- Even then, the largest cut is to overtime pay, and DeBlasio has openly said he’s not sure if the cuts can be made if the protests continue. The biggest funding shift is to place school safety officers under the purview of the Education Department—which already pays for the officers.
- Numerous activists and city councilmembers condemned the plan, saying it falls way short, including the Council Speaker, who helped draft the proposal, and who blamed Mayor Bill De Blasio for the lacking legislation.
New York City Council Announces Cuts
The New York City Council announced Tuesday that it was cutting $1 billion from the New York Police Department’s (NYPD) $6 billion operating budget, and moving some of those funds to education and social services.
The decision comes amid intensifying pressure for cities nationwide to reduce the amount of funding allocated to their police departments— which represents the single highest budget expenditure for most major cities.
While several cities have taken steps to scale back police funding at some level, many have been closely watching New York City, which is home to the largest and most expensive police force in the country.
With the city’s July 1 budget deadline looming, there has been increased pressure for officials to act. Over the last week, hundreds of protesters have been occupying the area outside of city hall— with many camping out overnight— to demand deeper cuts to the police budget.
The protest first started last Tuesday when about 100 people occupied City Hall Park, and since then, it has grown significantly. Some activists have reportedly said they will still stay after the budget deadline, but the general aim of the organizers who put together the demonstrations was to get the city council to cut the police budget by $1 billion.
NYPD Budget Cuts
While Tuesday’s announcement may sound like the city council gave the protesters exactly what they wanted, that is not the case for a number of reasons.
First of all, less than half the so-called “cuts” actually cut any funding. According to a press release from Mayor Bill De Blasio’s office, only $430 million will be actually cut from the department’s budget, while the $537 million will just be shifted to other departments.
Even then, some of the cuts are still up in the air. For example, the biggest single cut is more than $350 in overtime pay, but De Blasio has said that might not be possible if protests or other things that require a lot of police happen.
Just since George Floyd’s death on May 25, NYPD paid out $115 million in overtime.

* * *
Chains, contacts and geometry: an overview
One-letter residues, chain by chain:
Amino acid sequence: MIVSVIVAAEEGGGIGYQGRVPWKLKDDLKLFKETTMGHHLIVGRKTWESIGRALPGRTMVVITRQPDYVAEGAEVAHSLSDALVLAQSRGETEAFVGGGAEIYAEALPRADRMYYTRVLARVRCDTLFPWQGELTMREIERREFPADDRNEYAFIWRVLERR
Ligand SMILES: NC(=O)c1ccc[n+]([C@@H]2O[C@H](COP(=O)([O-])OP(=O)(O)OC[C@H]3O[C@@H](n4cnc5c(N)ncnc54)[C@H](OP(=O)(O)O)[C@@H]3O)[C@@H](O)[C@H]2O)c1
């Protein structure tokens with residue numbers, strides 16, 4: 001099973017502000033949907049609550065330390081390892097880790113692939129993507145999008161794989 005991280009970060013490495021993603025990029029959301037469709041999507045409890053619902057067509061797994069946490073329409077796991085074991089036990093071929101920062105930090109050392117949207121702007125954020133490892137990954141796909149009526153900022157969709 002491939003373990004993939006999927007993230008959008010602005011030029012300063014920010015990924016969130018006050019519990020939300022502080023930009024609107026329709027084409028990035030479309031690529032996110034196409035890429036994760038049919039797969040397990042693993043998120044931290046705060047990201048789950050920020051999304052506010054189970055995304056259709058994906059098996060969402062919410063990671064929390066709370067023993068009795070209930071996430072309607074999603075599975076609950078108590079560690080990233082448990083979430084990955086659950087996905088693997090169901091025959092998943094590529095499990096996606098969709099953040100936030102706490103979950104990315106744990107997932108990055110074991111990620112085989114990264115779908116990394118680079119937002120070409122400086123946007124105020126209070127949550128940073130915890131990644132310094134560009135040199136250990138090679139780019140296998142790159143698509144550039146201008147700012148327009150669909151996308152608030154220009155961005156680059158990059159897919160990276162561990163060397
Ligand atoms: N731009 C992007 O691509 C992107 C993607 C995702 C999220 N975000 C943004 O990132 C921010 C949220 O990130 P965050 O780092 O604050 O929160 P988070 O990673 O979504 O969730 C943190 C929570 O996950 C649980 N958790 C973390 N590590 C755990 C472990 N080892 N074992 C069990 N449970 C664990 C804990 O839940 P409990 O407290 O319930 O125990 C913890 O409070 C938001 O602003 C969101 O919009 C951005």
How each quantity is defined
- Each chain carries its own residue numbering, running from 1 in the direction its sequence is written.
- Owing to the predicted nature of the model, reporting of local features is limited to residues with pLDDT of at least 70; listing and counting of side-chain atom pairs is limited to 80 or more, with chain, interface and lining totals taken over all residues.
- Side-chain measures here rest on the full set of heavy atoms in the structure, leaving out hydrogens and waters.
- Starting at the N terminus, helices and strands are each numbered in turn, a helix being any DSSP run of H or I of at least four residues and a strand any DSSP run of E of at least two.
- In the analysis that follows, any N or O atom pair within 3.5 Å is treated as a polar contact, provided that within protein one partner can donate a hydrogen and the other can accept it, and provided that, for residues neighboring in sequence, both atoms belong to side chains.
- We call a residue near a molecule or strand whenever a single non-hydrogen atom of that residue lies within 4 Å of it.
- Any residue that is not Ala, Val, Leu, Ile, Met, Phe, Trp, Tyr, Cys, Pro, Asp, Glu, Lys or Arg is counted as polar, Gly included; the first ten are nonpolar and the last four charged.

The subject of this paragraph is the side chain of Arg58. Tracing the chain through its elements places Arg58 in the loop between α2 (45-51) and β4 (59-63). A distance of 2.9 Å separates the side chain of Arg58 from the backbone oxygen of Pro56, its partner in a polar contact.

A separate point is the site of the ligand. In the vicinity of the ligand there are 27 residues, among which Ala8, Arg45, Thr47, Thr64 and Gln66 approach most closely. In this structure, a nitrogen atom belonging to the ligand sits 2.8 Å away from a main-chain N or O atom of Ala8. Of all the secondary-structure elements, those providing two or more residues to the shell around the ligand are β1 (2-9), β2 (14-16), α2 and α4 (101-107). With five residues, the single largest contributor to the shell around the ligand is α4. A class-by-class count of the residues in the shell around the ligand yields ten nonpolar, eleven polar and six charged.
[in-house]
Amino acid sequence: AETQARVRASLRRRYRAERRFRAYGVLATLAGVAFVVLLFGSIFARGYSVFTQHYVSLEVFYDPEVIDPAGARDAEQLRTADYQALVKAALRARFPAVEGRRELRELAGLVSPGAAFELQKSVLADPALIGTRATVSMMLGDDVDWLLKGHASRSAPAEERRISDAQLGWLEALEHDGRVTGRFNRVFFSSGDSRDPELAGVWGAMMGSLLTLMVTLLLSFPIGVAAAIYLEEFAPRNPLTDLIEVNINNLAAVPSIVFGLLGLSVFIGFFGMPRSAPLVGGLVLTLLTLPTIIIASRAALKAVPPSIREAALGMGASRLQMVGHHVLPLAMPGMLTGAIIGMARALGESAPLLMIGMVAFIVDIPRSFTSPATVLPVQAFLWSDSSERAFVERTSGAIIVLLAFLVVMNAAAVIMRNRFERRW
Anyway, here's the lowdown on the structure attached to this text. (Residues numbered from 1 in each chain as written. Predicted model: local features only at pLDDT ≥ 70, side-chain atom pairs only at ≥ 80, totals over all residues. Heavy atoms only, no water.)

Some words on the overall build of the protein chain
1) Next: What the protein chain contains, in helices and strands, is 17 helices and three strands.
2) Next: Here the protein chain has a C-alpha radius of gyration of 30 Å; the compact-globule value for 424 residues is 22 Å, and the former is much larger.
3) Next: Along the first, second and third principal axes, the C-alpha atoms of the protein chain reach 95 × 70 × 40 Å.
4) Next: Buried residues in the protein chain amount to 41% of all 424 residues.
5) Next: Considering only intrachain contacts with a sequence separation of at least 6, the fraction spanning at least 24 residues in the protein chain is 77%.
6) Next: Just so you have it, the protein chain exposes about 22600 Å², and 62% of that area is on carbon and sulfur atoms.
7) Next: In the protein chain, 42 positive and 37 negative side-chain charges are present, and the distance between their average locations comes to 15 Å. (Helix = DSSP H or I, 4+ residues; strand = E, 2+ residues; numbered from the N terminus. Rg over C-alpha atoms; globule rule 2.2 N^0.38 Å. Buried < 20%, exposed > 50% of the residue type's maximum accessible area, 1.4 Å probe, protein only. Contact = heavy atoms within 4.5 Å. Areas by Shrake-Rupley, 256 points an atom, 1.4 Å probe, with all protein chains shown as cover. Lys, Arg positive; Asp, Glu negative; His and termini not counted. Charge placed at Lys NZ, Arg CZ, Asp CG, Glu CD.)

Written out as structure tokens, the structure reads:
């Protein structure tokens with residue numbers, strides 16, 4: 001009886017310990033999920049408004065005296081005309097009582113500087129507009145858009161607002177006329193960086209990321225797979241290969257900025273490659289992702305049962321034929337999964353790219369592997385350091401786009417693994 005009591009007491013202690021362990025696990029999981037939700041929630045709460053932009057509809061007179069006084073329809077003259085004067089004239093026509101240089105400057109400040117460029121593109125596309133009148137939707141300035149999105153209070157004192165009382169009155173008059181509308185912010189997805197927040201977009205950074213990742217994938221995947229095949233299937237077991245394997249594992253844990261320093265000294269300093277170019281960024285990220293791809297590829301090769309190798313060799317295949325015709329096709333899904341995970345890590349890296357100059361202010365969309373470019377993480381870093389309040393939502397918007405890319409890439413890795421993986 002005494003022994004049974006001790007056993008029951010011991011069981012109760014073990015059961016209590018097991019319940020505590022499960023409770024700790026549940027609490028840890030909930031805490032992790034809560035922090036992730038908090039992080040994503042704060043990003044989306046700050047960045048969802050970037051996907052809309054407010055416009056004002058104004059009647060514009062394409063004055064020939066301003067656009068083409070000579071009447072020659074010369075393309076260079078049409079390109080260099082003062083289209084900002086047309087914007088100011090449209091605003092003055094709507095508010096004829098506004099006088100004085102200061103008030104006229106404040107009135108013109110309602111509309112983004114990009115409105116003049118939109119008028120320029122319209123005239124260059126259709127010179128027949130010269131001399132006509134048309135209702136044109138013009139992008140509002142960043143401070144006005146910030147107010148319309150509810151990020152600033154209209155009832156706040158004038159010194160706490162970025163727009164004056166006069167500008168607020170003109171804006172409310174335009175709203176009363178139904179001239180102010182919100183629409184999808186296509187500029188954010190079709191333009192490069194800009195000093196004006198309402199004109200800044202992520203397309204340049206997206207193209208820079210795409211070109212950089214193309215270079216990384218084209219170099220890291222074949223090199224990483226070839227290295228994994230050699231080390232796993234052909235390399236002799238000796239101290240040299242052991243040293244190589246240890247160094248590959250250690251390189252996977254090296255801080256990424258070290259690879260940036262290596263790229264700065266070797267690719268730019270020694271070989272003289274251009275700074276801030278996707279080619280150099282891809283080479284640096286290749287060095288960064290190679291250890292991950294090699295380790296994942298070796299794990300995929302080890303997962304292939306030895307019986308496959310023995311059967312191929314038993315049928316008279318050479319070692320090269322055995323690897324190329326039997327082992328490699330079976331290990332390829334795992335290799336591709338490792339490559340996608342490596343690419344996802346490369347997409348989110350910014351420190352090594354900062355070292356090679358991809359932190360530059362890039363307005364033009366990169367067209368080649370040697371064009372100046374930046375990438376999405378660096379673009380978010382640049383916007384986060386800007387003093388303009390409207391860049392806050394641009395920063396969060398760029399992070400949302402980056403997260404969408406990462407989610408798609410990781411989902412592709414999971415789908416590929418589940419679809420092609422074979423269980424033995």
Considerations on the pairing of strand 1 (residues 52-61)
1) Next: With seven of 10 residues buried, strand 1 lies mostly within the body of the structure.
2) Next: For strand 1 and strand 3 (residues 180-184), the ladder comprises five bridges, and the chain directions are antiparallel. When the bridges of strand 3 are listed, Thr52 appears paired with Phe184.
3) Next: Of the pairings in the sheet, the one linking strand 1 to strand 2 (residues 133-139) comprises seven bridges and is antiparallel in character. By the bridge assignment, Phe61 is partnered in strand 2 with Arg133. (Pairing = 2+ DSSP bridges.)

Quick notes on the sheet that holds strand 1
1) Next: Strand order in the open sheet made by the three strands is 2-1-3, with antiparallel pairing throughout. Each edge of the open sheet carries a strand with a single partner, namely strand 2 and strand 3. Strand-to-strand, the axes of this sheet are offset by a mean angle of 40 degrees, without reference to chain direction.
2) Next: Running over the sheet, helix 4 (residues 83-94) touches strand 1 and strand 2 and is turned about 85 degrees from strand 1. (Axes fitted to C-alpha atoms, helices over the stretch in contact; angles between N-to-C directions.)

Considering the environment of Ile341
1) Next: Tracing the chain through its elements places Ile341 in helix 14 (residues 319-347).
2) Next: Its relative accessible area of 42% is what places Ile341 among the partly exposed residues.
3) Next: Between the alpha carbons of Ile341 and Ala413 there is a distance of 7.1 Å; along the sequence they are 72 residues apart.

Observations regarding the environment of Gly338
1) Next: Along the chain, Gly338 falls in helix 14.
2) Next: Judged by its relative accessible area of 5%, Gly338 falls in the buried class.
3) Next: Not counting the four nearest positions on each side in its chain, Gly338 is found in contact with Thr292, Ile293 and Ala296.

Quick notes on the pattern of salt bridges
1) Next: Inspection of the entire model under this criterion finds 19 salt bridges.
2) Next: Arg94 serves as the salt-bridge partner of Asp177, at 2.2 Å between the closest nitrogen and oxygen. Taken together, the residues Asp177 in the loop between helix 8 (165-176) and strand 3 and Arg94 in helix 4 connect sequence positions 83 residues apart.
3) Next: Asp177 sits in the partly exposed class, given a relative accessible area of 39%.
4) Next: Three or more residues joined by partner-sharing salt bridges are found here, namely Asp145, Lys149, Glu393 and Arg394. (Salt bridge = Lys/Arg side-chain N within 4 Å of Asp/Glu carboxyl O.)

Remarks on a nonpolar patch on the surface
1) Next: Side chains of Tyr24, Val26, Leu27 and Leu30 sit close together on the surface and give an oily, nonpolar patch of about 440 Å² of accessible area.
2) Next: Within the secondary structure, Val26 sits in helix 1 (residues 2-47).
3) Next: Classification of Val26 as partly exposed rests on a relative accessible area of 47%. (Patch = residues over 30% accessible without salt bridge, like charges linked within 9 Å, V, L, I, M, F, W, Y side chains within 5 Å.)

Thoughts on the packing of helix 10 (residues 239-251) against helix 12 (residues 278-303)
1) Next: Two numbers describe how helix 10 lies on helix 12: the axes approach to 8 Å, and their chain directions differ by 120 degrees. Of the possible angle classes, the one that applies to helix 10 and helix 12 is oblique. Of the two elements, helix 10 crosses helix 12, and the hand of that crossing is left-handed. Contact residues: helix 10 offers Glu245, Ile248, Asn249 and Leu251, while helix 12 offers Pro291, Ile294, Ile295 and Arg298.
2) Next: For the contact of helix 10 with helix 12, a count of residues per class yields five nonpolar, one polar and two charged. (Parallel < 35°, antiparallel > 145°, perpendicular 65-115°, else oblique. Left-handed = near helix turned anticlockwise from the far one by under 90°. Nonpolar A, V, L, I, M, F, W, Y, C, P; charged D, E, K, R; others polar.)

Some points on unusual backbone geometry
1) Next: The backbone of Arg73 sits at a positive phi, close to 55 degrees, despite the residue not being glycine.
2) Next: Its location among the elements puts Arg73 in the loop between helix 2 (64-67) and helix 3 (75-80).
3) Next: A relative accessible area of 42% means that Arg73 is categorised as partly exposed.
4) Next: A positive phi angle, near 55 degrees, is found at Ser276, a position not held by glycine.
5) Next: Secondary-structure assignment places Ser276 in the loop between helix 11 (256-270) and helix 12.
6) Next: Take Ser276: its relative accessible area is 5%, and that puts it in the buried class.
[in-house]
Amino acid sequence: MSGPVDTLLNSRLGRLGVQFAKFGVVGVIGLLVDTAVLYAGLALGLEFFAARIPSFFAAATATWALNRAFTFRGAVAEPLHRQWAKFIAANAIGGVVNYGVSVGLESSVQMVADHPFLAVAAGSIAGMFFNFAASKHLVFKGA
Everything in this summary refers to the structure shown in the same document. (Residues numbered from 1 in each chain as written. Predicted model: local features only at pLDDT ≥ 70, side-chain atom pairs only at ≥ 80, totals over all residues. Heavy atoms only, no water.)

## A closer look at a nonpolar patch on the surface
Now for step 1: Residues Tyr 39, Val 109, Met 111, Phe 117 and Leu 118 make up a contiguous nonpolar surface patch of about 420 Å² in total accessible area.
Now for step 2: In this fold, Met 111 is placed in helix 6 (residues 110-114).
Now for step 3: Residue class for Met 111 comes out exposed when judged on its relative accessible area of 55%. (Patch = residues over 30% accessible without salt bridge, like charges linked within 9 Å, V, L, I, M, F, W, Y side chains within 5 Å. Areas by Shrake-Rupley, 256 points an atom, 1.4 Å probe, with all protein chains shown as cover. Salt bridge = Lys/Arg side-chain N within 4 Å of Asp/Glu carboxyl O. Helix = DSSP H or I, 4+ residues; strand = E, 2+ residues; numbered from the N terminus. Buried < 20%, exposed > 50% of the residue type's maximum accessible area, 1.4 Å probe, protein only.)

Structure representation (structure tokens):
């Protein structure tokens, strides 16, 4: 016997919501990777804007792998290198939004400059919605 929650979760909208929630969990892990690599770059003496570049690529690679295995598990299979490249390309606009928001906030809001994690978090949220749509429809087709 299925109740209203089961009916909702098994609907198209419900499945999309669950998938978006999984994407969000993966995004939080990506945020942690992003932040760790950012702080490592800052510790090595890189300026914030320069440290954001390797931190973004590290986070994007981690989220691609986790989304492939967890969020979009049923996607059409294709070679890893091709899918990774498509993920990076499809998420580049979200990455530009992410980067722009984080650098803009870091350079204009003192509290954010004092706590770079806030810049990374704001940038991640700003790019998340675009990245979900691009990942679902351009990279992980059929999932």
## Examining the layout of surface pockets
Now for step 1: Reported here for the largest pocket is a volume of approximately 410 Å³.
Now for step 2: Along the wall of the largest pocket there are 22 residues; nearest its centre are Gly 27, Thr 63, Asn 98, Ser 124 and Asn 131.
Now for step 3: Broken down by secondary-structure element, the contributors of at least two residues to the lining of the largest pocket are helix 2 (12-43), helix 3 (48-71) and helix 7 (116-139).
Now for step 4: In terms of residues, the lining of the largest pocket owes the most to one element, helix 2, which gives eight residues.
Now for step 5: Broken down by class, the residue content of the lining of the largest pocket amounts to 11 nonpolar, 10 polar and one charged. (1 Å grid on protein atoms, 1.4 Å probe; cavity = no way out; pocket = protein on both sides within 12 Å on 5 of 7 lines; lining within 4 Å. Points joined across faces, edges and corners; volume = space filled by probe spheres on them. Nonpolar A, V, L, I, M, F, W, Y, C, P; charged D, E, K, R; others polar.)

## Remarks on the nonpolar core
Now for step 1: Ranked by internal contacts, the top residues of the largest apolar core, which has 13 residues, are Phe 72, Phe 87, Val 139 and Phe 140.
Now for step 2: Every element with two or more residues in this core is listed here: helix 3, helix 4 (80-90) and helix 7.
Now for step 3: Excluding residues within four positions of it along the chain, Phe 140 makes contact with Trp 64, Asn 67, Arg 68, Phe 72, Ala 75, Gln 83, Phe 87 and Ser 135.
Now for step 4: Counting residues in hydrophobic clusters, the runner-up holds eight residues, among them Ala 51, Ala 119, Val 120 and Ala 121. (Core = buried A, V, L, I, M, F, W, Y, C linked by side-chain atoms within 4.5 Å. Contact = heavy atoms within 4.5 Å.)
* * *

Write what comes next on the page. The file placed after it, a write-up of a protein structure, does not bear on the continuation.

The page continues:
There are also some major holes in the funding that’s being shifted to other departments. For example, over $400 million of funds they say they are shifting will be moved to school safety officers to be under the purview of the Department of Education.
However, according to the city’s Independent Budget Office, the Education Department already funds that program and gives the Police Department $300 million a year to operate it. In other words, one of the biggest funding “shifts” is not a shift at all— it just means that the Education Department will now operate a program it was already funding.
Numerous people have responded to the announcement with anger, arguing that the move is simply smoke and mirrors and that the city is just shifting the money around without making any substantive cuts to the police budget.
“Defunding police means defunding police,” Rep. Alexandria Ocasio-Cortez (D-NY) said in a statement. “It does not mean budget tricks or funny math.”
“It does not mean moving school police officers from the NYPD budget to the Department of Education’s budget so the exact same police remain in schools. It does not mean counting overtime cuts as cuts, even as NYPD ignores every attempt by City Council to curb overtime spending and overspends on overtime anyways,” she continued.
“These proposed ‘cuts’ to the NYPD budget are a disingenuous illusion. This is not a victory. The fight to defund policing continues.”
A number of protest leaders and organizers echoed that sentiment, saying the proposal was not what they asked for.
“We are being gaslit,” said activist Jawanza James Williams. “This movement is about so much more than the $1 billion, and this means they don’t understand what we’re saying.”
Numerous city council members also voiced their dislike of the plan, including Council Speaker Corey Johnson, who helped lead the process in drafting the proposal.
“To everyone who is disappointed — and I know that there are many, many people who are disappointed that we could not go further, I am disappointed as well,” he said. “I wanted us to go deeper.”
“This is a budget process that involves the mayor who would not budge on these items,” Johnson added, placing the blame squarely on De Blasio.
Other council members also said the cuts did not go far enough, like Councilman Brad Lander, who voted no on the proposal and called it “more budget-dancing than meaningful reductions.”
However, at the same time, there were plenty of council members that opposed the cuts because they did not want the police budget to be reduced at all.
“We know what we’re doing and we know that what we’re doing will create a more violent city, and yet we’re doing it anyway,” said Councilman Joseph Borelli.
“Black folks want to be safe like everyone else, we just want to be respected,” Councilman I. Daneek Miller, co-chairman of the Council’s Black, Latino and Asian Caucus, said. “We can’t allow folks from outside our community to lecture us about Black lives and what we need in our communities.”